When courses are online it’s not just the course content and meetings that are virtual– office hours are, too. If you’re new to hosting online office hours, it can be useful to get some tips on making personal connections with students in the online setting and ensuring you’re giving them a forum where they feel comfortable asking questions and getting help.
Read on to get some help on setting up and holding your online office hours that can make them more useful for both you and your students.
Choose what format you want to utilize. Office hours come in many different flavors. You can do them synchronously with student drop ins, schedule them as needed, a combination of the two, or even go asynchronous and have them in a discussion board. It’s up to you to decide which format will fit the needs of your course and your students–remember–you don’t have to choose just one!
Mind your tone. Students are unlikely to attend office hours if they feel like they’re bothering you or that you’re not really engaged. While we all have bad days, when direct interactions with students are limited, it’s key to make them as welcoming and approachable as possible. Remember, students may be even more stressed than usual during these unusual, online-only times.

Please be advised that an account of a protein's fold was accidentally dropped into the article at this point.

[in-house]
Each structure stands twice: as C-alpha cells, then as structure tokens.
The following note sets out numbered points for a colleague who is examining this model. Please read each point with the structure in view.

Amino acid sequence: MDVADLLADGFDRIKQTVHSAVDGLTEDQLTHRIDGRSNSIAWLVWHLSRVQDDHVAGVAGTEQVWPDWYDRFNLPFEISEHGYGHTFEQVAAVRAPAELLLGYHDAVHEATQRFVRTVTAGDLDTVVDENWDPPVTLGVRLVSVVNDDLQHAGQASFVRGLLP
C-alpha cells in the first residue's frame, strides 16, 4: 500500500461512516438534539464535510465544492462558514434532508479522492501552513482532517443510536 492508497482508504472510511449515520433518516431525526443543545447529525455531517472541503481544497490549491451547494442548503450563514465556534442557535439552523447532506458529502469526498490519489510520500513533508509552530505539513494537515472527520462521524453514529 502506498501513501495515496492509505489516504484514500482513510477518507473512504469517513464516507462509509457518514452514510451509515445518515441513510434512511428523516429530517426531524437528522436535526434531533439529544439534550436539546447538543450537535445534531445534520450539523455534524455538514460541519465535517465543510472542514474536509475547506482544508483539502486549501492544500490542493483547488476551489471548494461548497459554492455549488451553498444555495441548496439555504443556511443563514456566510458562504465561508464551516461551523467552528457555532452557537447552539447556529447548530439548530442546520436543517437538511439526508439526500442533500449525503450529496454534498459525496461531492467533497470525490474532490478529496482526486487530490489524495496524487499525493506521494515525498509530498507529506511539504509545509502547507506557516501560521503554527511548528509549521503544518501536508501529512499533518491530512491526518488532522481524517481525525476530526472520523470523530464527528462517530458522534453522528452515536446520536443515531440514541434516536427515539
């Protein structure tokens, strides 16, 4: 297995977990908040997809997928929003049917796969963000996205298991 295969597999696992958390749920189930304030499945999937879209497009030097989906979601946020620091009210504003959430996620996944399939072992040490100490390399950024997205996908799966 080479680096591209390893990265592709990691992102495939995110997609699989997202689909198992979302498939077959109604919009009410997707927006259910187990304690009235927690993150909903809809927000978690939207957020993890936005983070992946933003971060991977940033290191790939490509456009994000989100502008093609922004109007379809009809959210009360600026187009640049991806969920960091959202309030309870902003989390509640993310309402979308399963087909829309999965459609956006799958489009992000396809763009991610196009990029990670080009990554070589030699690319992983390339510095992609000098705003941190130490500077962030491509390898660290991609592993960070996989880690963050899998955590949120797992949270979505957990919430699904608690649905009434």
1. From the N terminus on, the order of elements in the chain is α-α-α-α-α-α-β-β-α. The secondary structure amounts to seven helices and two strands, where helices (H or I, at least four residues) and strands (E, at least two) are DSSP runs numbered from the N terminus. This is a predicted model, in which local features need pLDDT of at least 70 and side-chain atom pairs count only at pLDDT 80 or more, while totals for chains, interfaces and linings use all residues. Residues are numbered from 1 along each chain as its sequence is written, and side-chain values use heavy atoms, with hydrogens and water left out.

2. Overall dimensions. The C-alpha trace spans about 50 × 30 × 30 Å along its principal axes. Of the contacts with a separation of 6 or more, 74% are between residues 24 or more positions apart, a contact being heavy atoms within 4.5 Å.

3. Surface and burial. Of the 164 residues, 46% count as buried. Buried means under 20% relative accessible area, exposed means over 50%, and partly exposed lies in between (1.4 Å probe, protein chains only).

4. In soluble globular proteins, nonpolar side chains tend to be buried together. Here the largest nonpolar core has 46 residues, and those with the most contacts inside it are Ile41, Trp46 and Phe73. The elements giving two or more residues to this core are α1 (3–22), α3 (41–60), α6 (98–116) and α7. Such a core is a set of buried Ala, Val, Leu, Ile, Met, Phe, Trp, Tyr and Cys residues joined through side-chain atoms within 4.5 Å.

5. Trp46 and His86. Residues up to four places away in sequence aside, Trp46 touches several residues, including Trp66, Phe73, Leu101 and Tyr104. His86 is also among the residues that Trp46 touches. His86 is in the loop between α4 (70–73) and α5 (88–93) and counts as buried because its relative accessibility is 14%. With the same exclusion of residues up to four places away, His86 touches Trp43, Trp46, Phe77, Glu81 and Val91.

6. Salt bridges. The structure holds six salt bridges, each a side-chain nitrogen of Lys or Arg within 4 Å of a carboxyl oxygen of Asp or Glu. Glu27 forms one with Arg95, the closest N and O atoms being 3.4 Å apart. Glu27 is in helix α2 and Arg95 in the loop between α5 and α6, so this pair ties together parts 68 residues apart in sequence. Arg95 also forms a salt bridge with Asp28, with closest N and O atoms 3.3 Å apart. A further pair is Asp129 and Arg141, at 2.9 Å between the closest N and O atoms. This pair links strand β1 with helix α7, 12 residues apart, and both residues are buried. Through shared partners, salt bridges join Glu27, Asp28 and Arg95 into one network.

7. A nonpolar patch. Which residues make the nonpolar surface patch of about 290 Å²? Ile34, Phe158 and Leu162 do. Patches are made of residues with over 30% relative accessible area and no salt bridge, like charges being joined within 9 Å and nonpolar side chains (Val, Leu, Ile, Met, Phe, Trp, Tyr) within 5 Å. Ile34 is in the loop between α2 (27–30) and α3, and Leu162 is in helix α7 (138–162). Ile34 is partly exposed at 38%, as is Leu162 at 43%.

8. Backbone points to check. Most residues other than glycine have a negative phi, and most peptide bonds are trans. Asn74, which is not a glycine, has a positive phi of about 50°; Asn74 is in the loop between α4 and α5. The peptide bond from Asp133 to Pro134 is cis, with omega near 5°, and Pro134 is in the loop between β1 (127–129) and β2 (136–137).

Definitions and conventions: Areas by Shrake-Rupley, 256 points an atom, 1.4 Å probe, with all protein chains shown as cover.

Remind students about office hours. Each week, make sure to remind students that you are available during office hours and point them to the instructions on how to connect with you. Students who may have been doing fine earlier in the term will need a reminder if they start to struggle and they may not seek out the information on their own without a little nudge.
Lay out your expectations ahead of time. You may have a number of students who have never attended office hours before. Make sure that your instructions for finding you, your schedule of availability and what students should ask or have with them when they come into a session is very clear. Additionally, share your expectations for having their cameras on, entering and exiting the room, and all the other webconferencing nitty gritty.
Require a visit. It’s a good idea to check in with students at least once during the semester. Whether you want to count this as part of their grade is up to you, but make sure that students are getting at least a few minutes of one-on-one time, even if they don’t need help with course content. Office hours can be for more than just assistance and once students have attended one they’re realize it’s not so scary and will be more willing to reach out with questions and concerns.
More sure students know what office hours are for. Expanding on the last point, while many students attend office hours to talk about assignments and topics that they’re struggling with, that’s certainly not their only purpose. Let students know that they can pop in just to chat, to get career or academic advice, to share ideas, etc. Office hours can be a great place to build rapport and develop instructor presence, too!
Be prepared. Make sure you have a place set up for office hours that will allow you to talk to students relatively distraction-free. Try to be on time and ready to go (with any apps you need pulled up) before students arrive. It sounds basic, but many students won’t return to office hours if they find the experience frustrating the first time around.
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